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Cochrane systematic review
No current evidence that routine administration of oxygen to people with acute myocardial infarction improves pain or mortality; further conclusive trials are needed
  1. Nathan Mewton1,
  2. Kihei Yoneyama2
  1. 1Hôpital Cardiologique Louis Pradel, Hospices Civils de Lyon, Bron, France
  2. 2Division of Cardiology, Department of Internal Medicine, St. Marianna University School of Medicine, Kawasaki-City, Kanagawa, Japan
  1. Correspondence to Nathan Mewton
    Centre d'Investigation Clinique, 28 Avenue Doyen Lépine, 69500 Bron, France; nmewton{at}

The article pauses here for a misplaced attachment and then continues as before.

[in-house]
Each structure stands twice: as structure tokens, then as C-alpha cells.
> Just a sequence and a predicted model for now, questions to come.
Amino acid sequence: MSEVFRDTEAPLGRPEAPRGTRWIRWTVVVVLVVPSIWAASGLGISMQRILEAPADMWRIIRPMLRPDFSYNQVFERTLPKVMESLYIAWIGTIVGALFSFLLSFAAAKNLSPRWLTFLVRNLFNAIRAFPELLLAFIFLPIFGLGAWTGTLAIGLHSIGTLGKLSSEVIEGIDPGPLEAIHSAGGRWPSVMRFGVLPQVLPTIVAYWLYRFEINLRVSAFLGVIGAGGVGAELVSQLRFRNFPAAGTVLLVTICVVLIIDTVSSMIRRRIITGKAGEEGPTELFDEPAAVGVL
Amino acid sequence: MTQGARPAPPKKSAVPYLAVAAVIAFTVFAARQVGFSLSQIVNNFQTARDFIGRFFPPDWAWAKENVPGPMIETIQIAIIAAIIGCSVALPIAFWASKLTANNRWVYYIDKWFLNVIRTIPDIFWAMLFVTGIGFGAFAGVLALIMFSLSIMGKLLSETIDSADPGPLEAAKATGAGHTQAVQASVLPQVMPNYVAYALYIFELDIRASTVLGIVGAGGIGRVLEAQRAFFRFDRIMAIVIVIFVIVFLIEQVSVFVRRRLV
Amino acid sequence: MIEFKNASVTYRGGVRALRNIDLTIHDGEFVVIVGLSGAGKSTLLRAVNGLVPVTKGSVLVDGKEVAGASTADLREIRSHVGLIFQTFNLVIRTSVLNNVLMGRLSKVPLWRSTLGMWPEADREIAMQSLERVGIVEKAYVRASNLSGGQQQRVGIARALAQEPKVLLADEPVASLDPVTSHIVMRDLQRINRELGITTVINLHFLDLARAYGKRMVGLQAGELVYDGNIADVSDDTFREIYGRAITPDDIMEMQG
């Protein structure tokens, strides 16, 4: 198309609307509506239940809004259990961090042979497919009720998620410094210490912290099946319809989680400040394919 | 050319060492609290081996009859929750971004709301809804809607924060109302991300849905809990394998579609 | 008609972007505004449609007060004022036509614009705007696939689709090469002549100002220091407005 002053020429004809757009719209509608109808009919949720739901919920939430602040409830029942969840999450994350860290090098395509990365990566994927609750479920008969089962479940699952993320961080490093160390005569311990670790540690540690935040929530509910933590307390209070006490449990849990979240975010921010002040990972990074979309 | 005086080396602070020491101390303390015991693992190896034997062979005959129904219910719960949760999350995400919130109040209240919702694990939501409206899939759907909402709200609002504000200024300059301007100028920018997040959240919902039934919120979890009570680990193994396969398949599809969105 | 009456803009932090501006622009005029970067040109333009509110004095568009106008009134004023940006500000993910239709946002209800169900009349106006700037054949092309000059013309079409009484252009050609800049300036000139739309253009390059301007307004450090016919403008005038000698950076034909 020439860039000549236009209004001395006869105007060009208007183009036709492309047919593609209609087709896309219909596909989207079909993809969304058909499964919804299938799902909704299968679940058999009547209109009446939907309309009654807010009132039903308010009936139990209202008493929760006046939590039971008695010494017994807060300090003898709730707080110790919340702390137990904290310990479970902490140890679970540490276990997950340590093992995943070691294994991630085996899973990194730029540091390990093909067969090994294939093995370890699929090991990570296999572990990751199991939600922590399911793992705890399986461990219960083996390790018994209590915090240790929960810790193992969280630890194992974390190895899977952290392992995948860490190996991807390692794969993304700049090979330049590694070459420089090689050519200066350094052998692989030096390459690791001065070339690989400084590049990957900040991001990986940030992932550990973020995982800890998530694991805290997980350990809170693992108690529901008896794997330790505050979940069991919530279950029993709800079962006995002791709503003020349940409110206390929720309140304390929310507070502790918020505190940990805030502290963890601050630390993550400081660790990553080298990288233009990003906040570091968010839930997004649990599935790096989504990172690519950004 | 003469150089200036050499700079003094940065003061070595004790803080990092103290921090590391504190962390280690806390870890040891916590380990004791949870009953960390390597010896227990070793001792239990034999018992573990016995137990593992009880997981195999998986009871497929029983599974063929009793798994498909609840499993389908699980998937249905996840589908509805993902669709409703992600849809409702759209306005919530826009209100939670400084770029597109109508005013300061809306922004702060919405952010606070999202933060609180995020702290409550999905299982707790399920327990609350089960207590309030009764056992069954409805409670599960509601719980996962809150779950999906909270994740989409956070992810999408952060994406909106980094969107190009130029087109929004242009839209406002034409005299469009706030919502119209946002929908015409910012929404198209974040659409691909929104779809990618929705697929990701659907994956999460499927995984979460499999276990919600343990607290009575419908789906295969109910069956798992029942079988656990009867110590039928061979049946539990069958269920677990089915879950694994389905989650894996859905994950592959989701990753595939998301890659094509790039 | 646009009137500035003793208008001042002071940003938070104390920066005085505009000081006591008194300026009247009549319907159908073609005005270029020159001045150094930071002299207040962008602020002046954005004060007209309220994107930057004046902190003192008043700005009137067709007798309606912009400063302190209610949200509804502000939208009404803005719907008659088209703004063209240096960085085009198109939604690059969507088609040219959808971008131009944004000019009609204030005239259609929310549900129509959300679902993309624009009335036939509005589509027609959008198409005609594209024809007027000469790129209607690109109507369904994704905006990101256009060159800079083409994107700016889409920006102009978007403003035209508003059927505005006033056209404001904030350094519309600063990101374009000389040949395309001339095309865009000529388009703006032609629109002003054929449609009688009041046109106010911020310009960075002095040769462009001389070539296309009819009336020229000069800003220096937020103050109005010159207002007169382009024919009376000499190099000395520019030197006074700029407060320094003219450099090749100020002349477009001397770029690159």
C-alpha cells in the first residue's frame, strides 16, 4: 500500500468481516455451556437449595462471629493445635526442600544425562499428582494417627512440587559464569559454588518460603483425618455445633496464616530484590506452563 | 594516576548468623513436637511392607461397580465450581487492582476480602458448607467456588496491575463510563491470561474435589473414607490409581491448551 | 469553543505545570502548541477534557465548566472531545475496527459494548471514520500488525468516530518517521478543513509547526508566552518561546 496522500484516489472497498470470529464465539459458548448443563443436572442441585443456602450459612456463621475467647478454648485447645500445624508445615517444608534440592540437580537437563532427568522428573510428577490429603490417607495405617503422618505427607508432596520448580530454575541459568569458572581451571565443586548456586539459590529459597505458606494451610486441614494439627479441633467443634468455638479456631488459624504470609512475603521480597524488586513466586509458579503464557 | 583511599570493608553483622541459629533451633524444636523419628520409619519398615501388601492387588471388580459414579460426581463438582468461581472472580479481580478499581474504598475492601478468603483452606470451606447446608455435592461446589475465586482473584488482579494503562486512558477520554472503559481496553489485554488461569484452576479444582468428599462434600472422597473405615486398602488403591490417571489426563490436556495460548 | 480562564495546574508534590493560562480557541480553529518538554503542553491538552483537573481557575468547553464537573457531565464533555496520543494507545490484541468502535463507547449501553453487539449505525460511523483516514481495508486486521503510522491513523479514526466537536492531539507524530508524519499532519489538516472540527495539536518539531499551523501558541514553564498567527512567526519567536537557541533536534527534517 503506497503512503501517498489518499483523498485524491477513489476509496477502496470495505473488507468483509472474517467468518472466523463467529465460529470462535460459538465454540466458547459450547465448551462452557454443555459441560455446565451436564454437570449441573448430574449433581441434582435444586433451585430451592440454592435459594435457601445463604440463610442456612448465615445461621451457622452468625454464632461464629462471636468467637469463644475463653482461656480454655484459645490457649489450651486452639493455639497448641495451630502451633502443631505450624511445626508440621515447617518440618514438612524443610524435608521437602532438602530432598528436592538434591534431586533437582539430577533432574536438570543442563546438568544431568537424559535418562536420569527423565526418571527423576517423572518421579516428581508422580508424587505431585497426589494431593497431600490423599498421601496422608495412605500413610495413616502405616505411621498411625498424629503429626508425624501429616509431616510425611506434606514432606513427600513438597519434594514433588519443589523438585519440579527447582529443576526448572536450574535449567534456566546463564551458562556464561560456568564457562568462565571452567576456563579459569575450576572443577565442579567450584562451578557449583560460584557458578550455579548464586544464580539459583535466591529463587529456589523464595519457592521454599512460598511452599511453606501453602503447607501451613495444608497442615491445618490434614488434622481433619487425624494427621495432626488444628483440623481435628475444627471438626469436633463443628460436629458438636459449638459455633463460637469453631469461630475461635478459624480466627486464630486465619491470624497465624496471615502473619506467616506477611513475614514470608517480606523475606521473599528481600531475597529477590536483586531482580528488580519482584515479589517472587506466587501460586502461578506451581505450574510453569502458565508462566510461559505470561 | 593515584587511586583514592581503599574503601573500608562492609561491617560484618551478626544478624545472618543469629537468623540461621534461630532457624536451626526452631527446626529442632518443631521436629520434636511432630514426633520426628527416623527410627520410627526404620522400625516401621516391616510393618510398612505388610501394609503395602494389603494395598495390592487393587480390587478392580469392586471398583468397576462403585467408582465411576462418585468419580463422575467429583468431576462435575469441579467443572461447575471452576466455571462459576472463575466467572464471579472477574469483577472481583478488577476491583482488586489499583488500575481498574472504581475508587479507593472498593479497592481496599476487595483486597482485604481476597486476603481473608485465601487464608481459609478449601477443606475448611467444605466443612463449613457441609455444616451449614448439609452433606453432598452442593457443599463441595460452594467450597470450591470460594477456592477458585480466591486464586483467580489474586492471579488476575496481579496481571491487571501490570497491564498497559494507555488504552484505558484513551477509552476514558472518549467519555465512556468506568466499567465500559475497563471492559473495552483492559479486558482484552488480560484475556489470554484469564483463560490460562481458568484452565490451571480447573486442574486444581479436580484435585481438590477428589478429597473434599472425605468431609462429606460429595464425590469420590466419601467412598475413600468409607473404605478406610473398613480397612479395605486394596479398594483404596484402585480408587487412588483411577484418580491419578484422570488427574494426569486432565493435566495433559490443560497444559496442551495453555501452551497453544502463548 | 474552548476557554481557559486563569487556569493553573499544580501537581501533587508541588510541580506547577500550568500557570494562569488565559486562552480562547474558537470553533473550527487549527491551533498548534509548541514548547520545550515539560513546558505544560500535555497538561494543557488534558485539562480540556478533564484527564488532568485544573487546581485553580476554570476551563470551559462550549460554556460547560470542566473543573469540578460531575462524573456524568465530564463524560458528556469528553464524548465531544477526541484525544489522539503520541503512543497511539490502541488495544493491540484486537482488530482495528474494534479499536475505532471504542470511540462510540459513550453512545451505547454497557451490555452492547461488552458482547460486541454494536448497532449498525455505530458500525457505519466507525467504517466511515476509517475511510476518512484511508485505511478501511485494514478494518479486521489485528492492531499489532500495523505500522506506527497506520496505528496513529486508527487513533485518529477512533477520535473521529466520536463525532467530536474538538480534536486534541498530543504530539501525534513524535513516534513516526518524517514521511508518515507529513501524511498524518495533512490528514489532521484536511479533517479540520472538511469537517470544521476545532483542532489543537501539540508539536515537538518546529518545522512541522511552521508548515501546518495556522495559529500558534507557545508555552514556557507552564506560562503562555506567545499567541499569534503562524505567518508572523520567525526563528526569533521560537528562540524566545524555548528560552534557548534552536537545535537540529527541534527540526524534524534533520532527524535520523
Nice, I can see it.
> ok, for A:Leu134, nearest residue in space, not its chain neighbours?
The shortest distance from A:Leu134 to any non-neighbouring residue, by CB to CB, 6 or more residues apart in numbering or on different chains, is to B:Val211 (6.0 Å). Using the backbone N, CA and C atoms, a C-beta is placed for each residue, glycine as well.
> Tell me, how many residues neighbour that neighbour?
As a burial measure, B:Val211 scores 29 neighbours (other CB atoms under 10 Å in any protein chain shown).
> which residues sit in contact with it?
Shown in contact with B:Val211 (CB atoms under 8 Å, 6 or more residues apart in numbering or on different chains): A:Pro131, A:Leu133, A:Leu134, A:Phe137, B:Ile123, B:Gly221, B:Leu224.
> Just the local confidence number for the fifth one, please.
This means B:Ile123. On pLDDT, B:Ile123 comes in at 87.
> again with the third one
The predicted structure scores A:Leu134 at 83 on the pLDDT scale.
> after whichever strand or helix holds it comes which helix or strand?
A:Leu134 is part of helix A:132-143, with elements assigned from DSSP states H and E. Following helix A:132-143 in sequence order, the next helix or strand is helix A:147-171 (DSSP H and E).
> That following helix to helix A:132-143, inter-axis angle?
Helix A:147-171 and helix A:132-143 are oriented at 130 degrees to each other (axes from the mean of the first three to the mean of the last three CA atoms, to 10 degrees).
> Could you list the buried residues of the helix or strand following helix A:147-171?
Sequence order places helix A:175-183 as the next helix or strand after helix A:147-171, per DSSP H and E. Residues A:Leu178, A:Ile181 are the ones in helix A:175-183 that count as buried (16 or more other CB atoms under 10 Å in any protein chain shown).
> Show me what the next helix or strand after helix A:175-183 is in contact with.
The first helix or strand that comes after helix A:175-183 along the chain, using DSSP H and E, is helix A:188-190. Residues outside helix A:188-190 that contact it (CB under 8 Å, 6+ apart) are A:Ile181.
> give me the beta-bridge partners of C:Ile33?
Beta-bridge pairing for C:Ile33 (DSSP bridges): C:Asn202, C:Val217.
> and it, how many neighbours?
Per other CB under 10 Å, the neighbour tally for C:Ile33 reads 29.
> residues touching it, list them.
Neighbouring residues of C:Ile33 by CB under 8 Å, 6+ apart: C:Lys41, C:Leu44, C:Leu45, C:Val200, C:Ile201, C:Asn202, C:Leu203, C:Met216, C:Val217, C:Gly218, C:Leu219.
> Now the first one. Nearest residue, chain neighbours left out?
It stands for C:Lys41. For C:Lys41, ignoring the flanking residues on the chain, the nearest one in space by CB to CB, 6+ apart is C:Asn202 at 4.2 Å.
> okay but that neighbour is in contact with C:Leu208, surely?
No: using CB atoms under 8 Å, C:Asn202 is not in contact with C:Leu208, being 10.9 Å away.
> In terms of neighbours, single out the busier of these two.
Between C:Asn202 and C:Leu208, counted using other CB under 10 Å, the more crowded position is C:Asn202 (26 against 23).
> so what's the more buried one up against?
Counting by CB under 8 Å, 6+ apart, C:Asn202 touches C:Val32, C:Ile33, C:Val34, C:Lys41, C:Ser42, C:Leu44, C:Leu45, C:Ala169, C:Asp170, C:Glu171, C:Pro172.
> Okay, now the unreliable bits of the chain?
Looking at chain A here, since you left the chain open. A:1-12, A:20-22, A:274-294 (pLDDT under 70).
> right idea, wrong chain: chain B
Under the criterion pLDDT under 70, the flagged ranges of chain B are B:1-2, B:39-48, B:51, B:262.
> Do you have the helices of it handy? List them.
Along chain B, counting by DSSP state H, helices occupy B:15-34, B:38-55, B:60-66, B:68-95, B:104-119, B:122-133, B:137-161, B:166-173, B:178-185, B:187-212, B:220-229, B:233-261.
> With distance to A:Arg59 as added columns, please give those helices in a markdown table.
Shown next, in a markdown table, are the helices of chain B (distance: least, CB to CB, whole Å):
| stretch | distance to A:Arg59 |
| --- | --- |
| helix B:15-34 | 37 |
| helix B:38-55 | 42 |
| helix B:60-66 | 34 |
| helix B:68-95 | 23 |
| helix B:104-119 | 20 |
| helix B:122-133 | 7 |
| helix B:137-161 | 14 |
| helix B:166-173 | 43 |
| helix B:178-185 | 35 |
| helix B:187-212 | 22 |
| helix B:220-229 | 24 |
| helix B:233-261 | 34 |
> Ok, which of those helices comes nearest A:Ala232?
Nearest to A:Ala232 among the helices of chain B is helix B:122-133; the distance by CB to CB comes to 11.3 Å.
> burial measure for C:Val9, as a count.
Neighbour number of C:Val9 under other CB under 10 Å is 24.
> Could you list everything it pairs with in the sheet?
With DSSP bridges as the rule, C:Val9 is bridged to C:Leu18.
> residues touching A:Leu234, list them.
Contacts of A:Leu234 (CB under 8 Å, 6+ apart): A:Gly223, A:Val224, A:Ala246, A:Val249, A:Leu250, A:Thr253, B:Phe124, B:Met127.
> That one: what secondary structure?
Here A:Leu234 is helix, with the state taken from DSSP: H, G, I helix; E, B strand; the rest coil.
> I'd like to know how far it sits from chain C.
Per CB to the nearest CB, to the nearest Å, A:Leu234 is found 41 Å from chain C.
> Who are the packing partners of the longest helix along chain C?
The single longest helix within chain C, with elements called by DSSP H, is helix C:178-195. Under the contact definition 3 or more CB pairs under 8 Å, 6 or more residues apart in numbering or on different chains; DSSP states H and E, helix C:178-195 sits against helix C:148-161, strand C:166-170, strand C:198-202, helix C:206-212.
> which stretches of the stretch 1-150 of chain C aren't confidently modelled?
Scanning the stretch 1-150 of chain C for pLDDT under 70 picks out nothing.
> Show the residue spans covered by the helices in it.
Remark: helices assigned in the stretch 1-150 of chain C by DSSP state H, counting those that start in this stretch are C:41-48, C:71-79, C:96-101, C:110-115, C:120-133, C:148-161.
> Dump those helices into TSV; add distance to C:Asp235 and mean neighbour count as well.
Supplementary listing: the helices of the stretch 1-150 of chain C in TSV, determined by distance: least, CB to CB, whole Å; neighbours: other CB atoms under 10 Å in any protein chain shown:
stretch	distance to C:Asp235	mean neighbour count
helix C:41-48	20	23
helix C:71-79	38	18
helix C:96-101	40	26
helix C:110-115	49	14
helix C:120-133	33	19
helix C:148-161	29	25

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Nothing much remains of the treatments and strategies that were applied 25 years ago in the clinical setting of an acute myocardial infarction (AMI). One of the few remaining treatments is oxygen therapy. This oxygen therapy is employed in a reflexive and ‘emergency-department based’ empirical manner as a reaction to a life-threatening situation. Oxygen therapy is still recommended in several international guidelines for the treatment of uncomplicated AMI, but this ‘reasonable’ recommendation has no true scientific background.1 2 It is to the credit of Cabello and colleagues to have explored the evidence or rather, in this case, the absence of evidence for the clinical effects of oxygen therapy at the acute phase of myocardial infarction.


In this study, Cabello and colleagues performed an extensive and thorough review of the literature, retrieving all randomised …

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  • Competing interests None.